Norman Transcript: Station at Central Park opens with fanfare in Moore
Norman Transcript - Kyle Phillips
The grand opening of the Station at Central Park was a time of dedication, reflection and celebration for the Moore community.
This has got to be a record for a ribbon-cutting, quipped Mayor Glenn Lewis to the crowd seated and standing around the front walkways of the new facility Saturday morning.
Food trucks lined up along the road, train conductors in full suit and character twisted balloons into dinosaurs and flowers, Sooner athletes signed posters and residents of all ages anticipated their first look inside.
Gov. Mary Fallin, Rep. Tom Cole and Rep. Mark McBride got a pre-ceremony tour of the building before giving their remarks at a lectern set up outside.
"It almost made me cry," said Governor Fallin, who remembered seeing the community through so many hard times over the years.
She said she could imagine all of the children and adults who would be shooting basketball, jogging on the track and enjoying the farmers market in the coming weeks as workers finalized construction.
"That's what this gathering place will be," Fallin said. "A very special place for a very special community."
The Governor also recognized the lost.
"We wont forget, there are a lot of Moore families that arent with us today," Fallin said, and added she wished the national media could see just how strong the community has come back.
"Come see Moore," she said. "Come see Moore today and what they have made."
Principal Architect Anthony McDermid of TAP Architecture highlighted the historical significance of the station, and how that history played into the design of the park.
"Next Friday will be 127 years since trains first came down this track," he said, gesturing to the rails on the other side of the parking lot where a train had passed by just minutes before.
The design of the Station fully embraces the history of the railroad, from the model engine donated by Dental Depot parked out front to the train-shaped playground and water structures around the grounds.
McDermid, who has been building in Oklahoma for almost 30 years, said that Oklahoma cities are new cities, and the things being built now are a lasting legacy for future generations in the state.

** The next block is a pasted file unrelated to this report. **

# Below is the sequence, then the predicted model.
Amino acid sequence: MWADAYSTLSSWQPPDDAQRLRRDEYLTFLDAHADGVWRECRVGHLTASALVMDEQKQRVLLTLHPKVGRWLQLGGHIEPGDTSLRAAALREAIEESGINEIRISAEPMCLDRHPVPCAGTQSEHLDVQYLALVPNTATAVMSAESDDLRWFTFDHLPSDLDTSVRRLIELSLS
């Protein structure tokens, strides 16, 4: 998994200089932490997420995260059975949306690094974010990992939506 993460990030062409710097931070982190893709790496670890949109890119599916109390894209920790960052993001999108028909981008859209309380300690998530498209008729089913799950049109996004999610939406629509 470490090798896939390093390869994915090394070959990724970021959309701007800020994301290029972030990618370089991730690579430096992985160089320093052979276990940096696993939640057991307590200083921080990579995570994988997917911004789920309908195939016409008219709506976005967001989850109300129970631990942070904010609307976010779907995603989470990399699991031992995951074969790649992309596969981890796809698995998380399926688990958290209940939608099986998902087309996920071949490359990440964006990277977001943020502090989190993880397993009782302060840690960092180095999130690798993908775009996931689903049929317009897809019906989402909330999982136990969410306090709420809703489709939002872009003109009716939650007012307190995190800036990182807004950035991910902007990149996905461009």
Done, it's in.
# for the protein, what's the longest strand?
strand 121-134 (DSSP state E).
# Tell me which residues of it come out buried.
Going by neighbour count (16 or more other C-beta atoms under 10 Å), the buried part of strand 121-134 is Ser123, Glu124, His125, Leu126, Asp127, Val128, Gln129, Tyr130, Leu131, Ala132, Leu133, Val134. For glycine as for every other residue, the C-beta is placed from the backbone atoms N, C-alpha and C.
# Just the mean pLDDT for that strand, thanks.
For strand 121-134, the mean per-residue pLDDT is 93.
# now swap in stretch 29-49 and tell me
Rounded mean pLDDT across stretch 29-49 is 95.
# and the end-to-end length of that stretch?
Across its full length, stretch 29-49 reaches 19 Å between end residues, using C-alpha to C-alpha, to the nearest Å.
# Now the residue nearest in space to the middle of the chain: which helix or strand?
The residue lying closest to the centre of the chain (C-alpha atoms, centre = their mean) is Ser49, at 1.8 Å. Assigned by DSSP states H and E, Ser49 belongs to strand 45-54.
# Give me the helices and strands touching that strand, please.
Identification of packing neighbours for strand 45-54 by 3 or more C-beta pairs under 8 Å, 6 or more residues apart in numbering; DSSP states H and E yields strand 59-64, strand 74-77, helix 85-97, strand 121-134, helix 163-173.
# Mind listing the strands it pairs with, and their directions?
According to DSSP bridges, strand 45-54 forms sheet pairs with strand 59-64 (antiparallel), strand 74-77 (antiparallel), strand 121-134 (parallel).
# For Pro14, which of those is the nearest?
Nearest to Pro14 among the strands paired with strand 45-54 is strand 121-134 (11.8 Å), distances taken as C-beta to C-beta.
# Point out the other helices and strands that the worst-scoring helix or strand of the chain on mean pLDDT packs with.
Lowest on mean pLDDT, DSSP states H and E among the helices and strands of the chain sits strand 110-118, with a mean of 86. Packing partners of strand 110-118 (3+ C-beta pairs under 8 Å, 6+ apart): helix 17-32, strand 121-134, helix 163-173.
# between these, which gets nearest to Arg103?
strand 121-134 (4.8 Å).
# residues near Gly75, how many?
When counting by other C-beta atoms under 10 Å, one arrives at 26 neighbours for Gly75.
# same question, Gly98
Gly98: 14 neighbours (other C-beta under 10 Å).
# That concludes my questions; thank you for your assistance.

"As a city boy with a passion for cities, Im a firm believer that great cities have great parks," McDermid said. "This project is part of Moore's legacy, a part of the legacy of everyone here. You should be proud. Really proud."
All of the speakers expressed gratitude for the leadership that drove the project through to completion, and the community that not only signed on to the idea, but agreed to pay for it with their 2012 vote. There was special recognition for Assistant City Manager Todd Jenson, who McDermid said literally birthed this thing, as well as admiration for Atlas General Contractors who stayed the course through the wettest year in the history of the state.
Speakers thanked the family of Dr. Curtis Berry for selling the property to the city at a greatly discounted rate, making it possible to build a park complex that spans 51 acres in central Moore and includes an amphitheater, walking trail, aquatic center, state-of-the-art exercise equipment and classes, playground, seasonal farmers market and an abundance of open gathering space.
The event concluded with the ceremonial tapping of a golden spike by elected leaders and nine-year-olds Katherine Liebegott and Kinsley Paul, followed by a ribbon cutting in front of the main entrance.
When the doors swung open, guests were greeted with goody bags, live music, bottled water, and tables full of fruit, pastries, and cake to enjoy as they toured the facility.
Passes to the Station are available for purchase, with prices beginning at $6 for a resident day pass up to a variety of annual family pass options. On-site child care is also available and included in some passes. More information about the Station at Central Park and its programs is available at www.centralpark.cityofmoore.com.
Mayor Lewis said the Station at Central Park serves as a testament to the world that Moore is still here and still growing.
Online: The Norman Transcript